Posts: 533

PostPosted: Tue Jun 29, 2004 6:19 am    Post subject: No accounting for taste.... Reply with quote

Hey everyone!

One evening back in the '70s I came home from work and my mother, instead of saying hello honey as was her custom, handed me a book and told me not to begin it that evening or I would not go to sleep until I had finished it. I did not heed her advice and around four the next morning I had finished reading Carrie by Steven King.

Naturally, when that book came out, no one knew who SK was. Now-a-days it is easy to be critical of his simplistic writing, but his earlier novels were surprisingly fresh and even ironic. The hedge animals suddenly coming to life and pulling up roots in The Shineing simply astounded me! I've been a SK fan since, though again, reading his novels is usually a beach activity and not a studious one.

On coming to Spain I began reading Spanish translations of his books. I already knew the plot and the ending, so I could concentrate on the language. Setting aside useless horror vocabulary, I did learn a lot of conversational norms from his dialogue. And there is no doubt that with his generous laying on of American Culture, there is plenty of that to be observed and discussed.

It is not "great" liturature like the other pieces mentioned here (I myself would suggest The Little Prince, though it would be translated from French, it's a delightful read!) but if the teacher and the students want a nice break from "heavier" writing, and if they like the genre (very important, that) he also has short stories that don't have anything to do with ghosts and ghoolies: "Stand by Me" (maybe that is only the title of the film based on the story) for example, ah yes, the story was called "The Body".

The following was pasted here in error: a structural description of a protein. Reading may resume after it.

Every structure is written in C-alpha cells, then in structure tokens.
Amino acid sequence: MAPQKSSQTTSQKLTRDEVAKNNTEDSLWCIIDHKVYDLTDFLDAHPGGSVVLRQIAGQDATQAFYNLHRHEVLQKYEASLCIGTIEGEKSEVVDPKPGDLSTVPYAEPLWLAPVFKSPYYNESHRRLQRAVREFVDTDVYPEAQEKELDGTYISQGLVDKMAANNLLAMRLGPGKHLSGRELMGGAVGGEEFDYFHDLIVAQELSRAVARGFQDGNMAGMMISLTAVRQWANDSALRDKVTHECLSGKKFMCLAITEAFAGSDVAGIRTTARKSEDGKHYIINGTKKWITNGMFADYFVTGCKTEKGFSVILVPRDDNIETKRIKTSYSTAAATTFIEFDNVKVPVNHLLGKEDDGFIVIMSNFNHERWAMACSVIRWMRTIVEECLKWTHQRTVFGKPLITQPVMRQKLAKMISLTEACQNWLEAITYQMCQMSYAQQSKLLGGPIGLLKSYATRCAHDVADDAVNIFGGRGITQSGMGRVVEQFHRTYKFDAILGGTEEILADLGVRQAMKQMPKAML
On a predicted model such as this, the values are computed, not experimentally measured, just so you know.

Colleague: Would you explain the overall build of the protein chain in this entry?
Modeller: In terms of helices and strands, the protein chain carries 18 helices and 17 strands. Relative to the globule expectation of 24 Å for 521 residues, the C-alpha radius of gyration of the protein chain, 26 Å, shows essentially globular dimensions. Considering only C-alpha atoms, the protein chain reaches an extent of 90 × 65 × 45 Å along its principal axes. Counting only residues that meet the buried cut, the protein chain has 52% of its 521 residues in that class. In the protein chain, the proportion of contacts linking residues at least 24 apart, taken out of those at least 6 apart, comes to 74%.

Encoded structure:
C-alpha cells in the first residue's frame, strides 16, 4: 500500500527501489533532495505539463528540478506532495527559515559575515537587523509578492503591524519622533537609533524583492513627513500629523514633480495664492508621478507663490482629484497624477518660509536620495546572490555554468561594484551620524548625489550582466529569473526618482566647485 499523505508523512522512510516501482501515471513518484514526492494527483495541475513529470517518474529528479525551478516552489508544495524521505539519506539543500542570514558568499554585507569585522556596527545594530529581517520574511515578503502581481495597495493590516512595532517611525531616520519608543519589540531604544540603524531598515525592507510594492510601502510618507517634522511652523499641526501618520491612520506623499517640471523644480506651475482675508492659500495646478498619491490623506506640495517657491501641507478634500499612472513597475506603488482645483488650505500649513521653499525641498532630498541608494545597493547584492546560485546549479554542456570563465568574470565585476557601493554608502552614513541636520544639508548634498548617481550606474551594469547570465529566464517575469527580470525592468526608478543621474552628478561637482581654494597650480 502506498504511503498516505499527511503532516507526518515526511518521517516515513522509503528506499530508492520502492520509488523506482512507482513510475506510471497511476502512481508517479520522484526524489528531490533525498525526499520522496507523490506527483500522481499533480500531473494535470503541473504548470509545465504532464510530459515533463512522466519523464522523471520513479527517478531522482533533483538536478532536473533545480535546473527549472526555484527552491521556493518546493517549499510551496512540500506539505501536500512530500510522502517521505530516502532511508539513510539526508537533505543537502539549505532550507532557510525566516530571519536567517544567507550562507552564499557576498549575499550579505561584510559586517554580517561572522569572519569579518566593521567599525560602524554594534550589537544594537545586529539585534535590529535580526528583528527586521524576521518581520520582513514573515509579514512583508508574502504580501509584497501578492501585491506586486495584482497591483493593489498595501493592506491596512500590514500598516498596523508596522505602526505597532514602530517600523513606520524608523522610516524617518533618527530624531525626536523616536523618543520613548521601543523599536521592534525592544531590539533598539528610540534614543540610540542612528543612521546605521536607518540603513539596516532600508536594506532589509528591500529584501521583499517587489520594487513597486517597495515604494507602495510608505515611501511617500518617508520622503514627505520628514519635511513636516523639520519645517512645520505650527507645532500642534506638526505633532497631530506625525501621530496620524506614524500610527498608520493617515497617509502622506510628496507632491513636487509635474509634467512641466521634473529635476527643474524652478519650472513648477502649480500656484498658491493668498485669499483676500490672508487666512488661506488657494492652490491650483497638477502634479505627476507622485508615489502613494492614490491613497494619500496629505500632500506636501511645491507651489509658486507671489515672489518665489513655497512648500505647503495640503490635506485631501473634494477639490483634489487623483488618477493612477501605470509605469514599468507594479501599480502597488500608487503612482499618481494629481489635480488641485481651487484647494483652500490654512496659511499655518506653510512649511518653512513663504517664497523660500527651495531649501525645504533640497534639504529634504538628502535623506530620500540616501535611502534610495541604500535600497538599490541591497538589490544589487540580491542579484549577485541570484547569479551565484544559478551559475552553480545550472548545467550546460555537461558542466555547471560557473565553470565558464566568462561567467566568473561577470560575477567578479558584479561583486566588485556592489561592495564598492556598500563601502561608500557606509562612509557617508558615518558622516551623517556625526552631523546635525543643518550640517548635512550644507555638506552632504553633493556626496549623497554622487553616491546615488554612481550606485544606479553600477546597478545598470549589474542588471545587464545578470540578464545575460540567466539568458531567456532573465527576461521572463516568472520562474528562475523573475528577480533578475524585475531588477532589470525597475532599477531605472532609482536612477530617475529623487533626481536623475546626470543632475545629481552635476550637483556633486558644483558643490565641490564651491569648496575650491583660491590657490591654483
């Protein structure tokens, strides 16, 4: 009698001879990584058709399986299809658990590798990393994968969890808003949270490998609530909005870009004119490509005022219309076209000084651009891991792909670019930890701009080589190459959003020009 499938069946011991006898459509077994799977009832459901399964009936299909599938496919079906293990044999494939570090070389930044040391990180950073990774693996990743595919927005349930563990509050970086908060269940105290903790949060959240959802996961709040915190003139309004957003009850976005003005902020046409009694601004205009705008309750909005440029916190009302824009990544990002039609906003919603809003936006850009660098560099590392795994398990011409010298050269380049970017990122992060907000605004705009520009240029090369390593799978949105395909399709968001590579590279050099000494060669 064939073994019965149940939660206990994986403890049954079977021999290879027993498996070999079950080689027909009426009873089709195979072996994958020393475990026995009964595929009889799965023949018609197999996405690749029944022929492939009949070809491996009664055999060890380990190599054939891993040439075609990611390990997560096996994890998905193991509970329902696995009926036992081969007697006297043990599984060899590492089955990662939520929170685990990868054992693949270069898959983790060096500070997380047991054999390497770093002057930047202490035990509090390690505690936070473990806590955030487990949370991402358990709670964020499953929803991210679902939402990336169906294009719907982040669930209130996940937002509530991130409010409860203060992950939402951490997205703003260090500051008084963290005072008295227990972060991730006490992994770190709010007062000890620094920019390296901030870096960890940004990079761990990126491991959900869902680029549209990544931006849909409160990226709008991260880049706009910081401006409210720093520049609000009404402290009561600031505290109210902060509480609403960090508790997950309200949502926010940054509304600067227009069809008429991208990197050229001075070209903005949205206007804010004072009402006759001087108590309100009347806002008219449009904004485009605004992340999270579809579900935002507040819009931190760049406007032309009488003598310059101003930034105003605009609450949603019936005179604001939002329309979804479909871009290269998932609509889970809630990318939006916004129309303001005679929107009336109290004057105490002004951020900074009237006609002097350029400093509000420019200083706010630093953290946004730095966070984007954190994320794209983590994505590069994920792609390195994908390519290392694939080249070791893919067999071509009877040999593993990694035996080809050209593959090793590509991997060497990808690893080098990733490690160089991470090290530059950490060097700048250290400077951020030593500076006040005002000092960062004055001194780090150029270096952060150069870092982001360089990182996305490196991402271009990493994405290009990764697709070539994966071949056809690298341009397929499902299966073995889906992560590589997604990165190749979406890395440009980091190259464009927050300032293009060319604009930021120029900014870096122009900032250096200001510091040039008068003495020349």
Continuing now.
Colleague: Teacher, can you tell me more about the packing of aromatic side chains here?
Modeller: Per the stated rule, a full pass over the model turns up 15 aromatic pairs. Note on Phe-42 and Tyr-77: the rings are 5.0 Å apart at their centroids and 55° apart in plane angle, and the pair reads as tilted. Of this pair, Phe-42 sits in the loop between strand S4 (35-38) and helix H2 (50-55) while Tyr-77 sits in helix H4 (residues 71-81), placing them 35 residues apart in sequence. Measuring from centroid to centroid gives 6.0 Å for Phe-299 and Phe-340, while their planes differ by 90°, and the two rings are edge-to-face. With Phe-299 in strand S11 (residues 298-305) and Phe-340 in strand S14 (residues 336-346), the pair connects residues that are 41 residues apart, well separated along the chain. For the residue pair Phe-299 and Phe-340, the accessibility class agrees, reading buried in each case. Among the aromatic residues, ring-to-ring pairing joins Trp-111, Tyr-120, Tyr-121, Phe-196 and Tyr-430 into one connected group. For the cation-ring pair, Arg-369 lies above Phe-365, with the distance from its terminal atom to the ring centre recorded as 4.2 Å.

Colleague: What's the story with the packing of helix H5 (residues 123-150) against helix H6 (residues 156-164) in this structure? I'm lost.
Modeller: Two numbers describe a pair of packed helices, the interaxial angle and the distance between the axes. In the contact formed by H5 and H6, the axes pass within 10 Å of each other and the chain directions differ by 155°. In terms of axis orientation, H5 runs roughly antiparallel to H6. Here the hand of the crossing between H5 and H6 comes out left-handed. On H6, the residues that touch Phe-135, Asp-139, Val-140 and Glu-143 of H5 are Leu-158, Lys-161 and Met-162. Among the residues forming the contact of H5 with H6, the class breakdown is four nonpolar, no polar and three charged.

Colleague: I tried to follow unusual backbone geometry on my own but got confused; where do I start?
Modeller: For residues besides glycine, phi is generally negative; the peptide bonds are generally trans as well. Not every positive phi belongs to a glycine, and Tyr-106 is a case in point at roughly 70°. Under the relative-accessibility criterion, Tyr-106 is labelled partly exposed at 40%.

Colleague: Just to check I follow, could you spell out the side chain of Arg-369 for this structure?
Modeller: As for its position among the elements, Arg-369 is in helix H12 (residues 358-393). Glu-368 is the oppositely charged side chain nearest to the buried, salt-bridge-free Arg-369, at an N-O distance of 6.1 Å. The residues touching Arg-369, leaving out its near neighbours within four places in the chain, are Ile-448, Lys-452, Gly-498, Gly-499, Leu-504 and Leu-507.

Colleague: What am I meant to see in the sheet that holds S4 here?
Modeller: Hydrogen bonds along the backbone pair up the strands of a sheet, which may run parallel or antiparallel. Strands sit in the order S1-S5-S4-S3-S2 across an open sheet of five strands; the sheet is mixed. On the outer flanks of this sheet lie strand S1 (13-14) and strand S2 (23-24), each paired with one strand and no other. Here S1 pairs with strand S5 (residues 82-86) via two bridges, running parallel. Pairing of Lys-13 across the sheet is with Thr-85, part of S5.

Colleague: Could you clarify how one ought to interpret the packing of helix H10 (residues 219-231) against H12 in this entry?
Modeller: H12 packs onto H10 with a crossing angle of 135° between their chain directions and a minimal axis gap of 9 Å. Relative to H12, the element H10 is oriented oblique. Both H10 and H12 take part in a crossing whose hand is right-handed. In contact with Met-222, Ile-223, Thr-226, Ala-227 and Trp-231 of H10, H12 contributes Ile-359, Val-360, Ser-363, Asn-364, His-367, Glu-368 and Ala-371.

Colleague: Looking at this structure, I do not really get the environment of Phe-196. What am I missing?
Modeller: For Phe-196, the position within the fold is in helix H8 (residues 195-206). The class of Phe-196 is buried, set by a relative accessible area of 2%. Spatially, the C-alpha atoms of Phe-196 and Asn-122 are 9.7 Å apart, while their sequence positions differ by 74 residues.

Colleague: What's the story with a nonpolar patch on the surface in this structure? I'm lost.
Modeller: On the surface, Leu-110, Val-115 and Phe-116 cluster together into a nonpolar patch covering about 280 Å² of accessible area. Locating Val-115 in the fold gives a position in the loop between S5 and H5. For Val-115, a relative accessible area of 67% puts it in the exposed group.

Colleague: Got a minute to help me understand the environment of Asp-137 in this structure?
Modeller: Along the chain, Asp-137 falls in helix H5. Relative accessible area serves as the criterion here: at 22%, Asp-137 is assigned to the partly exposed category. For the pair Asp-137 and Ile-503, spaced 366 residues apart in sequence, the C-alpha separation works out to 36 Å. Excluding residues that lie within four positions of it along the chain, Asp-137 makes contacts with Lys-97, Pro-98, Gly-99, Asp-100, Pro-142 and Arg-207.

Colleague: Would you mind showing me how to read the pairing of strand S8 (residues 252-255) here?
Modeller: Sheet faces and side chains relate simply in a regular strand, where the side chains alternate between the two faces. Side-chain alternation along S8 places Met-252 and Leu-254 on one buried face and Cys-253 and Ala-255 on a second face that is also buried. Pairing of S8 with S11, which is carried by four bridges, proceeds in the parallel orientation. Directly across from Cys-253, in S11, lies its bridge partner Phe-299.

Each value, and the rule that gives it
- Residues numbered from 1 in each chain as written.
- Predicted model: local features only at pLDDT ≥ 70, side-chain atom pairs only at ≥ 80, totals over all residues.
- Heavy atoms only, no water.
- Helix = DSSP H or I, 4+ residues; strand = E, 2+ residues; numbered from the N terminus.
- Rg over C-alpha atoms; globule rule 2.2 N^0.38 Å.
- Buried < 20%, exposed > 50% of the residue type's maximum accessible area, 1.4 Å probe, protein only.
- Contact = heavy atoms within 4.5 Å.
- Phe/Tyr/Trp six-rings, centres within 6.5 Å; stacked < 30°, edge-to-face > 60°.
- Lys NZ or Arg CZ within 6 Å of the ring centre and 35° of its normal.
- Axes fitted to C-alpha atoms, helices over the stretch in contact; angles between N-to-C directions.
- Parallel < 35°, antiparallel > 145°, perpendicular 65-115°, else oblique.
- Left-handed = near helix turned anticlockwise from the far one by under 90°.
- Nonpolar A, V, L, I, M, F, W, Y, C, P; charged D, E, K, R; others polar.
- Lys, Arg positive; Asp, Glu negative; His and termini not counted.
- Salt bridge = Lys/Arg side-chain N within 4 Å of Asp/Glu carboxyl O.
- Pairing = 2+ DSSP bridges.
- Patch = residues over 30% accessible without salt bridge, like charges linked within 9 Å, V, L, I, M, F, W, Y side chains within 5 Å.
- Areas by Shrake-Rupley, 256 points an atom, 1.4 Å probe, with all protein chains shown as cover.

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Joined: 10 Mar 2003
Posts: 2
Location: Istanbul, Turkey

PostPosted: Tue Jan 18, 2005 9:26 am    Post subject: Bump Reply with quote

It's an old thread but on a subject dear to my heart so I'll revive it.

In this last session, I used A Separate Peace by John Knowles with my lower advanced students. At first they didn't like it because the first chapters are heavy on description with little action. As the story continued, they got into it. There are several themes that are easy for them to understand and relate to, such as friendship, jealousy, change, coming of age, et cetera. The novel is rich in symbolism so it's important to pick and choose what to focus on. For example, my students are Muslim so I didn't bother with the Christian symbolism although most of them spotted the most obvious ones (like the tree). It's not an easy book but it was a good challenge for my students -- they had some really interesting insights into the characters and the writing style.

Funny that revel mentioned The Body and its film version 'Stand By Me' as I used both with lower intermediate students in another session. The novel was the graded reader version -- not hard for them to understand but they still learned a lot of new vocabulary items from it. I didn't start using the film until we were halfway through the book, then the students were asked to analyze the similarities and differences between them. Why did the writer do this? Why did the director change that? Are the film characters true to the novel? What challenges did the director face in recreating the novel on screen? If you were the author, would you be satisfied with the film? If you were the director, how would you have done that scene differently?

In general, the students liked The Body and found it a nice break from our textbook. Males seemed to like it more than females, although a couple of King fans -- both female -- found it too tame. However, even the ones who weren't all that excited about it really enjoyed the comparative analysis of the film and book. (Everyone is a director at heart.) Next time I teach that class, I might use L.A. Confidential instead. Heck, I might use both if the students are up for it.